- CNM News Desk
Today’s Google Doodle, illustrated by Bengaluru, India-based guest artist Oddrija, celebrates the 160th birthday of Indian doctor Kadambini Ganguly—the first woman to be trained as a physician in India.
Kadambini Ganguly, who had many ‘firsts’ to her credit. She was such an excellent medical practitioner and reached out to many hapless women at a time when very little attention was paid to their health.
On this day in 1861, Kadambini Ganguly (née Bose) was born in Bhagalpur British India, now Bangladesh. Her father, a co-founder of India’s first women’s rights organization, enrolled Ganguly in school during an era when education was uncommon for Indian women. She took the reins on the opportunity, and in 1883, Kadambini Ganguly and her peer Chandramukhi BasuIn became the first women to graduate college in Indian history.
Soon after graduating, Ganguly married professor and activist Dwarkanath Ganguly, who encouraged her to pursue a degree in medicine. She persisted—despite numerous initial rejections—until she was eventually admitted to the Calcutta Medical College. She graduated in 1886, making history once again as the first woman to become an Indian-educated doctor. Ganguly had no intention of slowing her groundbreaking momentum. After working and studying in the United Kingdom, she earned three additional doctoral certifications with a specialization in gynecology and returned to India in the 1890s to open her own private practice.
Ganguly sought to uplift other women in India through both medical service and activism in India’s women’s rights movement. Among many other campaigns, Ganguly joined six others to form the first all-women delegation of the 1889 Indian National Congress.
The 2020 “Prothoma Kadambini” biographical television series based on Ganguly’s life reinvigorated her legacy by telling her inspirational story to a new generation.
Happy birthday, Kadambini Ganguly!
Guest Artist Q&A with Oddrija
Today’s Doodle was illustrated by Bengaluru, India-based guest artist Oddrija. Below, she shares her thoughts behind the making of this Doodle:
Q. Why was this topic meaningful to you personally?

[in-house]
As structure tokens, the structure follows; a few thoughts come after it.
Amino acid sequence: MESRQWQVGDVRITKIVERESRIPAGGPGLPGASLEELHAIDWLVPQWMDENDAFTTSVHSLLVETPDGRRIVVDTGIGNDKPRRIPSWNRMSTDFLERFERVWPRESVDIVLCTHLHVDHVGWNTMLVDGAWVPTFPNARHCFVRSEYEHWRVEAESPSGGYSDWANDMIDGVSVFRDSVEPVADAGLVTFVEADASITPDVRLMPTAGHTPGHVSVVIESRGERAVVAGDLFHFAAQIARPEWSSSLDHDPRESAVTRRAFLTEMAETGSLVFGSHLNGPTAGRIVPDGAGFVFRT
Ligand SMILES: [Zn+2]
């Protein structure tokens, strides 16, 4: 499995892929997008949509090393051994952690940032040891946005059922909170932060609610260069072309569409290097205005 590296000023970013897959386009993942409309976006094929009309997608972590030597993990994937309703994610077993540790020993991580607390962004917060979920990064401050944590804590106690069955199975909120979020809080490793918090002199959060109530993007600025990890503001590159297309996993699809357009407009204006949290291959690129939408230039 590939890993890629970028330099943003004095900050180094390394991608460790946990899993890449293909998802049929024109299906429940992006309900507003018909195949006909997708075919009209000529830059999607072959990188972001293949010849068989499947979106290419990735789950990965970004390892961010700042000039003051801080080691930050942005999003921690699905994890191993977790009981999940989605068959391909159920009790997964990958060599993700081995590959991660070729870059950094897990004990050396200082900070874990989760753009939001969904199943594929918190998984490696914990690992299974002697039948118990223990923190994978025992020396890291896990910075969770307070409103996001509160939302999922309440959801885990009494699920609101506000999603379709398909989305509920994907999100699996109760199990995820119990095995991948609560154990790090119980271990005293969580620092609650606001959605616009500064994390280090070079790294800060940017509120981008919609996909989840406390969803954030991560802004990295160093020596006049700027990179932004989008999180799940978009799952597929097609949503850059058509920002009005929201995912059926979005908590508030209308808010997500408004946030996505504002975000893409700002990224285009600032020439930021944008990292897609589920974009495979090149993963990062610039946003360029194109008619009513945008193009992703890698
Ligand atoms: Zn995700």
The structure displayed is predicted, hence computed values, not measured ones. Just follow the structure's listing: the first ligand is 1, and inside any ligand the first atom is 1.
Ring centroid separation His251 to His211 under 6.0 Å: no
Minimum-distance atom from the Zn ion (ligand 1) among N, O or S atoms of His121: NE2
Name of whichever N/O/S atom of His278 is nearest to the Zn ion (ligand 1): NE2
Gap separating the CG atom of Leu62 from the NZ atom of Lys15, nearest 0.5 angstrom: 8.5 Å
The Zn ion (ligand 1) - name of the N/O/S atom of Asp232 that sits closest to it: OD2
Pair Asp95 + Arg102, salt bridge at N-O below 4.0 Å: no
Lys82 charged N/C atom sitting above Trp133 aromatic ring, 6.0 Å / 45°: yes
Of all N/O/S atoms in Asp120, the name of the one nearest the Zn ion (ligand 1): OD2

A. In the year of the COVID-19 pandemic, we have seen how medical infrastructure and doctors have been hailed as sheroes and heroes for becoming the saviors the world needs. Looking back in time, Kadambini Ganguly was a frontrunner in her contribution to medical infrastructure in India with her indomitable spirit and inquisitiveness that landed her a triple diploma in her studies in Western Medicine. In the same spirit, working on this Doodle was a super proud moment for me—getting to represent a young, spirited woman from pre-independence Bangladesh because my own familial roots are also in Bangladesh. Alongside the same, I got to represent some aspect of my own home town which is Calcutta (Ganguly studied in Calcutta Medical College and worked for a long time in many hospitals across Calcutta).
Q. What were your first thoughts when you were approached about working on this Doodle?
A. Simply put, I get to do a Google Doodle about a personality who is from my own home town, spoke my mother tongue and created big change back in her day. It was a proud moment for a Bengali!
Q. Did you draw inspiration from anything in particular for this Doodle?
A. Since there is only one photograph of Ganguly available in online archives, I did some reading about her life and times. Fortunately, there is an impressive online archive of architecture from her times which helped in creating the tone for the Doodle. For the portrait, the only black and white picture was the savior!
Q. What message do you hope people take away from your Doodle?
A. My message would be to treat healthcare workers (be it doctors, nurses or even people who clean up after you) and frontier workers with a bit more respect on a daily basis, since 2020 has shown us how fragile human life can be.